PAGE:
Mar 24 2022

NSA Urges Agencies to Diversify Vendors as They Segment Their Networks

The National Security Agency recently offered agencies guidance on enhancing the security of their networks.

The final federal strategy on zero-trust security endorses a shift by agencies to segment their networks. Although that strategy will be implemented in varying ways at agencies, the strategy notes that “agencies must move away from the practice of maintaining a broad enterprise-wide network that allows enhanced visibility or access to many distinct applications and enterprise functions.”

Network segmentation enhances agencies’ cybersecurity by preventing an attacker who compromises a system on one network segment from pivoting to other sections of the network, limiting the scope and damage of an initial compromise.

Now, as agencies move to implement zero-trust strategies, including network segmentation, the National Security Agency is advising agencies and other organizations to avoid relying on a single networking vendor. In a recently released technical guidance report, the NSA stresses the importance of vendor diversity in organizations’ networks as a way to bolster security.

“Implement multiple layers of next-generation firewalls throughout the network to restrict inbound traffic, restrict outbound traffic, and examine all internal activity between disparate network regions,” the report states. “Each layer should utilize different vendors to protect against an adversary exploiting the same unpatched vulnerability in an attempt to access the internal network.”   

RELATED: How to get your agency started on the zero-trust journey in 2022.

How to Harden Networks Against Vulnerabilities

The NSA document notes that its crucial for agencies to maintain up-to-date operating systems and stable software to protect themselves against “critical vulnerabilities and security issues that have been identified and fixed in newer releases.”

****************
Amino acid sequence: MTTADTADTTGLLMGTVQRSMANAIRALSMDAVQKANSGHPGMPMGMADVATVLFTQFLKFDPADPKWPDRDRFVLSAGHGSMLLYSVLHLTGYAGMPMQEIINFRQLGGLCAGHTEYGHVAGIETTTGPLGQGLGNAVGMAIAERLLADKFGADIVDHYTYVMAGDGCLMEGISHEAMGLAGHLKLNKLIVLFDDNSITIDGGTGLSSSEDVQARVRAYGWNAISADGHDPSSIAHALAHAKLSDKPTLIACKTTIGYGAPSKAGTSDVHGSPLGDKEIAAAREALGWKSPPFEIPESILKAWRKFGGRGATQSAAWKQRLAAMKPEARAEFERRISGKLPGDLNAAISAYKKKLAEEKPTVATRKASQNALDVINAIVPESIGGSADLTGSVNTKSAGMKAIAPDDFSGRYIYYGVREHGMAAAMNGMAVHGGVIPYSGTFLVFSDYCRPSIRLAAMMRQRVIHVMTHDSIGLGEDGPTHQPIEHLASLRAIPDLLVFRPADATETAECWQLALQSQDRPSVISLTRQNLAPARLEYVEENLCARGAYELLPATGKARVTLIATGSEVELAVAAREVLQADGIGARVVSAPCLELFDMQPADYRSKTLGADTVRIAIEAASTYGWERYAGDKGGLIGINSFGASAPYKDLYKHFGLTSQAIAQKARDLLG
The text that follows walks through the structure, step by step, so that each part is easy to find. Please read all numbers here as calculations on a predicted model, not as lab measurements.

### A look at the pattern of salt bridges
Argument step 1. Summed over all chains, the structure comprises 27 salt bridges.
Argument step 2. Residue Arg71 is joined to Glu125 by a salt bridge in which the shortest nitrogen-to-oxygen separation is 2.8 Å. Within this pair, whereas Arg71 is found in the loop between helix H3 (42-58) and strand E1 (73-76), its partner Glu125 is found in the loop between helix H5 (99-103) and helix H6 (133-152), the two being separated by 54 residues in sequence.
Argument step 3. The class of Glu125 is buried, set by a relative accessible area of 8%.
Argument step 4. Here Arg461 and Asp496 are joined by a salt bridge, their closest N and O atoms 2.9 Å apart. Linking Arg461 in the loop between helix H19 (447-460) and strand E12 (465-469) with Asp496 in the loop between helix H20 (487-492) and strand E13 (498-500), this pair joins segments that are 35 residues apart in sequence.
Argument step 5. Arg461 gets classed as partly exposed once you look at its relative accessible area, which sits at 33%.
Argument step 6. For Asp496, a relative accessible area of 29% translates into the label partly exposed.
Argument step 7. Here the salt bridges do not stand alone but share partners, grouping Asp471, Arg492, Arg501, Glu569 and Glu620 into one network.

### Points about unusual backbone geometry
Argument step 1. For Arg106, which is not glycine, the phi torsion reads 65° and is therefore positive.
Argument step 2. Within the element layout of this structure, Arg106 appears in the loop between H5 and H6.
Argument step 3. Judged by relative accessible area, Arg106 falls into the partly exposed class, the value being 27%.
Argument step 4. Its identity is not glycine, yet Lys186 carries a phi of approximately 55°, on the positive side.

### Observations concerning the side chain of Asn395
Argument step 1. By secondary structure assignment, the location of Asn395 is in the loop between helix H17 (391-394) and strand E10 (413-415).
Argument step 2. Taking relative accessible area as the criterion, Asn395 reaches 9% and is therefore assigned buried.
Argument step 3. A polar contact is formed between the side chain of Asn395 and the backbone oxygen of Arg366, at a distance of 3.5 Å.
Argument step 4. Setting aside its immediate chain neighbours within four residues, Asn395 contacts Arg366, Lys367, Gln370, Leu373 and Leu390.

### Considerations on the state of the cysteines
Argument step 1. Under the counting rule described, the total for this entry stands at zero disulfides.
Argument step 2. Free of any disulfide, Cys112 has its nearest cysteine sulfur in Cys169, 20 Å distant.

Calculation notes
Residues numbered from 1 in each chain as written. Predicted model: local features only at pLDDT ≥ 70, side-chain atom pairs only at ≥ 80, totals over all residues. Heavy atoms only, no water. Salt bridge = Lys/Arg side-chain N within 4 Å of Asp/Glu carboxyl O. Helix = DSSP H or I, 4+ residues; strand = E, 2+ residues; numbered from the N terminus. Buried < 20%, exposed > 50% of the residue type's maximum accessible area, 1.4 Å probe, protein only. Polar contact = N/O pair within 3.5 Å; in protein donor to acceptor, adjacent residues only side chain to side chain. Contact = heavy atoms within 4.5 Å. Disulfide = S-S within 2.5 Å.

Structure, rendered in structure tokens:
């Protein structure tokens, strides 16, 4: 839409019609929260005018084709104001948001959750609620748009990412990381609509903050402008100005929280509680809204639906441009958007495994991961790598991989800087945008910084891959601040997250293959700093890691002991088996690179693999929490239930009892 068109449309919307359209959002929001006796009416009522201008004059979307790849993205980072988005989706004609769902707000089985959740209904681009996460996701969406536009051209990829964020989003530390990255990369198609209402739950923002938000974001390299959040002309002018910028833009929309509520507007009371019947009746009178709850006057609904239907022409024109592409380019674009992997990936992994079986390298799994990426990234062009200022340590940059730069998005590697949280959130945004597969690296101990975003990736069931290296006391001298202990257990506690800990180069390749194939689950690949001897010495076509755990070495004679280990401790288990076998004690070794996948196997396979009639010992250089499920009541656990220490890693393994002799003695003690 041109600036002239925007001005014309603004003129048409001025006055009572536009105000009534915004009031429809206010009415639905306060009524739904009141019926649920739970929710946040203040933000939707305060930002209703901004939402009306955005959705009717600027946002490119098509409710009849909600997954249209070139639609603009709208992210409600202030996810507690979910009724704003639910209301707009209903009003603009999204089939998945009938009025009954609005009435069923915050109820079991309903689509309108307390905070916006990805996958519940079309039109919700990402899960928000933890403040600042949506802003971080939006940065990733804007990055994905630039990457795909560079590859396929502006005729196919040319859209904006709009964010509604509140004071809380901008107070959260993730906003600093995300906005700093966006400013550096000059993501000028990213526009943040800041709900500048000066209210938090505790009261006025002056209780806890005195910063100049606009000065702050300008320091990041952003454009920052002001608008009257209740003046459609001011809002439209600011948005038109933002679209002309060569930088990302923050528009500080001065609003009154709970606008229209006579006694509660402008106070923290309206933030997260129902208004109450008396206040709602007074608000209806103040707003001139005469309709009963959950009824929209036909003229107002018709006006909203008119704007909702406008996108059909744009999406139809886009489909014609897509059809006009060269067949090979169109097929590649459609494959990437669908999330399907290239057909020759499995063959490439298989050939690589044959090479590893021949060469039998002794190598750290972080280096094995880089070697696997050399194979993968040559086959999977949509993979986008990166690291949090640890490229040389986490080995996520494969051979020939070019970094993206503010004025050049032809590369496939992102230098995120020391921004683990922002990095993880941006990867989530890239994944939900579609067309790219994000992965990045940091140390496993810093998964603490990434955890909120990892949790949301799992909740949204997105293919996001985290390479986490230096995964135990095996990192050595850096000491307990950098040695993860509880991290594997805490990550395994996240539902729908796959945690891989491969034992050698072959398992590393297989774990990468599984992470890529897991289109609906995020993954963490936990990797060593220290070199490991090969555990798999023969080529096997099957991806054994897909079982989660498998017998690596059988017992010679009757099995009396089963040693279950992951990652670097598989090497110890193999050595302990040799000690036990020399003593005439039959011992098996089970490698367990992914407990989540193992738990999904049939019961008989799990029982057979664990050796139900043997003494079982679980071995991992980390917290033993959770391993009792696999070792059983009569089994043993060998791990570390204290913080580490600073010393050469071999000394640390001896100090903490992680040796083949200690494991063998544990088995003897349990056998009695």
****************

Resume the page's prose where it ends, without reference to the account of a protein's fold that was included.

“Devices running outdated operating systems or vulnerable software are susceptible to a variety of published vulnerabilities, and exploiting these devices is a common technique used by adversaries to compromise a network,” the document adds.

The NSA recommends that organizations update the software on all network devices to the latest stable version available from vendor partners, which might require more new hardware or memory upgrades. Additionally, getting the new software version might mean agencies need to strike a new maintenance or support contract with the vendor.

“Most network infrastructure devices do not support an auto-update feature, so it is necessary to implement a requisition and installation process for the latest software with the vendor,” the NSA notes.

As Nextgov reports, earlier this month the Cybersecurity and Infrastructure Security Agency’s national cyber awareness system promoted the NSA’s report alongside CISA’s recently released infographic on network segmentation

“Creating boundaries between the operational technology (OT) and information technology (IT) networks reduces many risks associated with the IT network, such as threats caused by phishing attacks,” CISA’s document states. “Segmentation limits access to devices, data and applications, and restricts communications between networks. Segmentation also separates and protects OT network layers to ensure industrial and other critical processes function as intended.”

If agencies properly implement network segments and include both “demilitarized zones” and firewalls in between them, they can “prevent a malicious actor’s attempts to access high-value assets by shielding the network from unauthorized access,” according to CISA.

“Firewalls can be configured to block traffic from network addresses, applications, or ports while allowing necessary data through,” the infographic adds. “Policies and controls should also be used to monitor and regulate system access and the movement of traffic between zones.”

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